Microsoft seems to have dropped out of the smartphone race, but it still has a chance to get reenergised and even pull ahead of the pack.

When looking at all the competitors for smartphone supremacy, you might say the Windows Mobile is last place in the rankings (although a recent report places it at third place).

Some would even contend that Microsoft would have been better off never entering this race if it weren't going to put up a good fight.

That may shock the 7.2 million users of the Microsoft smartphone OS, especially those in the enterprise who don't see the iPhone as a serious contender at all (due in part to Apple's history of ignoring the needs of the enterprise in favour of the individual user).

Even I, a noted Microsoft loyalist of the highest order, finally chose my first smartphone - and it didn't run Windows Mobile.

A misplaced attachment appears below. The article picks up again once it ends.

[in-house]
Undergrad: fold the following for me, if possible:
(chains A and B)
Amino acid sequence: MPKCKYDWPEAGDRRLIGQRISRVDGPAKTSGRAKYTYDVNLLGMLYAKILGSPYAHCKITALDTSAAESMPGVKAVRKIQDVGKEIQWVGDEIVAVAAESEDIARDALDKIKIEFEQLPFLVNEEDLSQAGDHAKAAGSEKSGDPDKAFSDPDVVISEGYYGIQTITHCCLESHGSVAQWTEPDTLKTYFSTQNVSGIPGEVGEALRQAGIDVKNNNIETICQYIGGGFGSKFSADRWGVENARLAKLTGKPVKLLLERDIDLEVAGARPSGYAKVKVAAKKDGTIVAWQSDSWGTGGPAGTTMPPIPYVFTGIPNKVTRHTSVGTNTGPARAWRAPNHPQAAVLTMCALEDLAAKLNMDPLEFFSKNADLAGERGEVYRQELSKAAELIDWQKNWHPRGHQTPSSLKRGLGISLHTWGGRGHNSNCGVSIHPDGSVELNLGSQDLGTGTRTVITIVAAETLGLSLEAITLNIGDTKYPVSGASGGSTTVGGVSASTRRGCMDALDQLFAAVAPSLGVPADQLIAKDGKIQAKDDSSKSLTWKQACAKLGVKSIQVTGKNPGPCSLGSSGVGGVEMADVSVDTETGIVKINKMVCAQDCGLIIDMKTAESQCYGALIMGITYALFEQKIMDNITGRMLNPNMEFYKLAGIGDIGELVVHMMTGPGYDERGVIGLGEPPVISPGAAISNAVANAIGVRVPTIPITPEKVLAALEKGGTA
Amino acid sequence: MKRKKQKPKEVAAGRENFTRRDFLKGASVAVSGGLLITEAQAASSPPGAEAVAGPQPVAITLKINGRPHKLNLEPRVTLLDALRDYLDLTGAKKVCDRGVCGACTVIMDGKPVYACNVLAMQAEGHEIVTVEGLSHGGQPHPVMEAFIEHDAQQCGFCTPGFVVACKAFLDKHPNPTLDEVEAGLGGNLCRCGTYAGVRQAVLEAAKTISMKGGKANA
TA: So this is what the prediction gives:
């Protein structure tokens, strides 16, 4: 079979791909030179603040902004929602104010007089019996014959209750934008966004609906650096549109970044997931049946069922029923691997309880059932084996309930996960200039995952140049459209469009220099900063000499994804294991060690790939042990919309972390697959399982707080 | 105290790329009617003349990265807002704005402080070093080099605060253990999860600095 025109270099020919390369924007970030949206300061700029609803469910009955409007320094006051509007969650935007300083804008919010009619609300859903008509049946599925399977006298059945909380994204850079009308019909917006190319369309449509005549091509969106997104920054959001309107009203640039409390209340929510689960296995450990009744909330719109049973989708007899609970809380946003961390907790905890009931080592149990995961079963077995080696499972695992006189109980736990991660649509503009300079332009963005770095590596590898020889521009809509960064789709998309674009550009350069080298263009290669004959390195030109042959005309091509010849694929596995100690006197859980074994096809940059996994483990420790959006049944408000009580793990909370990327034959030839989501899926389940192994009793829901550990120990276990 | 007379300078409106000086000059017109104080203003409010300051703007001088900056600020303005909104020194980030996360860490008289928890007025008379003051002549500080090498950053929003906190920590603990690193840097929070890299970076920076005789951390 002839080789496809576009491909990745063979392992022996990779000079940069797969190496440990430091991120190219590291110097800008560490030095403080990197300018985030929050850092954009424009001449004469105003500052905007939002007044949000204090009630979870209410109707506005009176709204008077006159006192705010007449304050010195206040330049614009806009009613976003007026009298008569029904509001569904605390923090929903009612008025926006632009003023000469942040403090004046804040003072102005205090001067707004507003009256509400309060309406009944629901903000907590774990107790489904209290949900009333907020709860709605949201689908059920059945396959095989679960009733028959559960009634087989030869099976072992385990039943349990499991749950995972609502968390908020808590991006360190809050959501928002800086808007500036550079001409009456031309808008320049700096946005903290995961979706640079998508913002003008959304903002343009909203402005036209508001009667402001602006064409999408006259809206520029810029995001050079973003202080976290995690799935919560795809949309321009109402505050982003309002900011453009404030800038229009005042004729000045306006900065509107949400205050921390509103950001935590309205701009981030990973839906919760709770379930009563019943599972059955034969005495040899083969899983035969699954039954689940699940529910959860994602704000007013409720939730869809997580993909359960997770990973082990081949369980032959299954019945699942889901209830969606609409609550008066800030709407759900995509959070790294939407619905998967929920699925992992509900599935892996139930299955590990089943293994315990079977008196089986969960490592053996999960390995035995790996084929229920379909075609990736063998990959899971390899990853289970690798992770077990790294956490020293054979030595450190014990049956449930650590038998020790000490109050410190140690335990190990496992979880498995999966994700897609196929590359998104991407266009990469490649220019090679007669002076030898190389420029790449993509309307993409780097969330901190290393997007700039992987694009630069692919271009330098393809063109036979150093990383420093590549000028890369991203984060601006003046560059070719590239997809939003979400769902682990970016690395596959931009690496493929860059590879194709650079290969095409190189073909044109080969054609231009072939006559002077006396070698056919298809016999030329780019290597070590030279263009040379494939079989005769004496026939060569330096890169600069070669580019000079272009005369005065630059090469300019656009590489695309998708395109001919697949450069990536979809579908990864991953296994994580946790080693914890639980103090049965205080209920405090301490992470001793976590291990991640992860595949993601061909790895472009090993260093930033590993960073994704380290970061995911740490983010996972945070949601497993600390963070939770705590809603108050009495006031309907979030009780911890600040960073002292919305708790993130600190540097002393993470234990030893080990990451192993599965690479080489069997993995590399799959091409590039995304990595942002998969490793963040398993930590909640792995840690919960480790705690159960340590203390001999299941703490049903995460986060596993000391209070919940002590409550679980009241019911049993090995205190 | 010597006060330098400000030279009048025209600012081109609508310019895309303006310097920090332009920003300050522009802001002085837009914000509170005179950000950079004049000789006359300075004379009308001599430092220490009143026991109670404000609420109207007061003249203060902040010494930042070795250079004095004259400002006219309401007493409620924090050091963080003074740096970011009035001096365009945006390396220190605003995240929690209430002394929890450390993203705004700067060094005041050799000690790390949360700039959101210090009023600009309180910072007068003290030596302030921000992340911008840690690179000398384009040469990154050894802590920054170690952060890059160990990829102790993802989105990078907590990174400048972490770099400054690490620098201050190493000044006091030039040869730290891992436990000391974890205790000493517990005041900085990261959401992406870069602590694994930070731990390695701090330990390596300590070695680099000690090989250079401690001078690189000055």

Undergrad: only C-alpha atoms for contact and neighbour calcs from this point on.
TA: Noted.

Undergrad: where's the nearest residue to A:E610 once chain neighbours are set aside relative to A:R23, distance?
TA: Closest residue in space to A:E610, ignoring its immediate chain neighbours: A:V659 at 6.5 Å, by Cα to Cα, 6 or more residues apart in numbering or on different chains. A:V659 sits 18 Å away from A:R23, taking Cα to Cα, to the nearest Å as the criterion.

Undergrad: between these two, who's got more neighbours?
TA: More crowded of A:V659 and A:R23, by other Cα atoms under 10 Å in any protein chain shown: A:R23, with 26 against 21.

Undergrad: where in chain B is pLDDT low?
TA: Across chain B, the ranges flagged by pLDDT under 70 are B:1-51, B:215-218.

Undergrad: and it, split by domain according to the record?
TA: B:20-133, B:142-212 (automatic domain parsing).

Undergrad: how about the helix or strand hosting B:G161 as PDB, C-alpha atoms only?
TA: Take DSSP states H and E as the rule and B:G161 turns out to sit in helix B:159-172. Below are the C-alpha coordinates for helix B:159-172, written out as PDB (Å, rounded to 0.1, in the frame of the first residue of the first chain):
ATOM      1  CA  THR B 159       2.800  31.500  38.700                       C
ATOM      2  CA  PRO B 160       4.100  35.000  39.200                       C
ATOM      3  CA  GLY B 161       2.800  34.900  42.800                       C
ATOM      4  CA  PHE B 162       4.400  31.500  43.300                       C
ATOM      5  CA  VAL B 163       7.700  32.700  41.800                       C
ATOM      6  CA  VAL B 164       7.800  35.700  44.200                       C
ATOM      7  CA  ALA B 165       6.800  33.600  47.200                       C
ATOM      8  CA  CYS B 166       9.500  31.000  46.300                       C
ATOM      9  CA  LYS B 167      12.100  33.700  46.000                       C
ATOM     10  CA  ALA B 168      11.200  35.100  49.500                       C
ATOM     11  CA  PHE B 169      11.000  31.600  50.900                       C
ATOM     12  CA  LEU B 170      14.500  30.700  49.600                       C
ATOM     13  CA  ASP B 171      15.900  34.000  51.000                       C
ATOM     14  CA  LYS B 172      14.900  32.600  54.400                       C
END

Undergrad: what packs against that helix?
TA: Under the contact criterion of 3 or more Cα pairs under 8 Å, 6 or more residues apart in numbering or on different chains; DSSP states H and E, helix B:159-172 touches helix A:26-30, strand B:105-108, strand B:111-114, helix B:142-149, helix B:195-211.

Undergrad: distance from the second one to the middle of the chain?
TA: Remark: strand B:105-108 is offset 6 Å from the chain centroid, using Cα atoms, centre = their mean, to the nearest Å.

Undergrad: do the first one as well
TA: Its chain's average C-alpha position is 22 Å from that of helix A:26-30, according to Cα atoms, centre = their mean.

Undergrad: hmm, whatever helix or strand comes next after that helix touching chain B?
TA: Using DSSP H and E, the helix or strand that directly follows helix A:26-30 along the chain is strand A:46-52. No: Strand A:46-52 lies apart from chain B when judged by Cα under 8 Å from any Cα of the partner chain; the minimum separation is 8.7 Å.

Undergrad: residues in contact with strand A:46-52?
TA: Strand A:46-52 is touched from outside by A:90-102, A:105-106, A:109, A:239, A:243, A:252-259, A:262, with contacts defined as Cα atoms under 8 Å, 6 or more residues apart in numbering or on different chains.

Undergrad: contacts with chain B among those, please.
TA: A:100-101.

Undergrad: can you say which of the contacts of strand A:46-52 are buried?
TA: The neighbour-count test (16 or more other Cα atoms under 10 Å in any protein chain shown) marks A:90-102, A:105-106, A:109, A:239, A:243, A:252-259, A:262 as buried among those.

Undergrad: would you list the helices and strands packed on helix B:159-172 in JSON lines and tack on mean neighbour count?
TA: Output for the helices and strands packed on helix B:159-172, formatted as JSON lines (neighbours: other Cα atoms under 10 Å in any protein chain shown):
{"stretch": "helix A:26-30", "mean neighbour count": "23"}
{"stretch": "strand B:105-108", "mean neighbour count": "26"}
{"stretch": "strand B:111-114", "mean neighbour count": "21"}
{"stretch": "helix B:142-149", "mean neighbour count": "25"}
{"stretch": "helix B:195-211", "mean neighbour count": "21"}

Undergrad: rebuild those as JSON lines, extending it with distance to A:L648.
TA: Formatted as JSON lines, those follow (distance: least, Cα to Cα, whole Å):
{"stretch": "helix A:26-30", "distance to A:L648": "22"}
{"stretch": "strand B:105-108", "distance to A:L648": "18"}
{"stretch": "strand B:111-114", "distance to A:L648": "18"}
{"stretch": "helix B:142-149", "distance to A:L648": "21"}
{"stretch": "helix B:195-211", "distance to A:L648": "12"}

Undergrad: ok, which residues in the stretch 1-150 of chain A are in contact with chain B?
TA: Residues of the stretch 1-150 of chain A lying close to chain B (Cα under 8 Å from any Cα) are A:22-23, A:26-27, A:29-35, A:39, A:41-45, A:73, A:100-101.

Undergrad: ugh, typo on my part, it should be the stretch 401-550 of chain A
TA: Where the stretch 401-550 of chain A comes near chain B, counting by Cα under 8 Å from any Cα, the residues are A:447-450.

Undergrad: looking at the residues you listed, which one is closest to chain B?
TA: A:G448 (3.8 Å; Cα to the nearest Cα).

The one that excited me, that made me finally make the move? An Android device: Motorola's Droid, known as the Milestone in the UK.

It gave me Exchange connectivity, all the collaboration features I needed (email, internet, news feeds, weather), and thousands of cool apps (mostly free) to download from the Android Market.

But, hey, don't start cursing my name just yet - I wasn't the first person in my position to make the move!

Mark Minasi, a globally famous tech speaker and technical author of over 25 books, held an iPhone high in the air at a Windows conference last year and heaped it with accolades.

He said in WindowsITPro that he had "grown tired of begging Windows Mobile to do the stuff" that he paid for.

Most of my friends use BlackBerrys or iPhones. I thought I was at least being somewhat rebellious and going against the tide to go with the Droid.

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NEXT PAGE: Glimmers of hope for Windows Mobile 6.5

  1. We look at whether Microsoft can re-enter the smartphone race
  2. Glimmers of hope for Windows Mobile 6.5
  3. Bad news/good news for Windows Mobile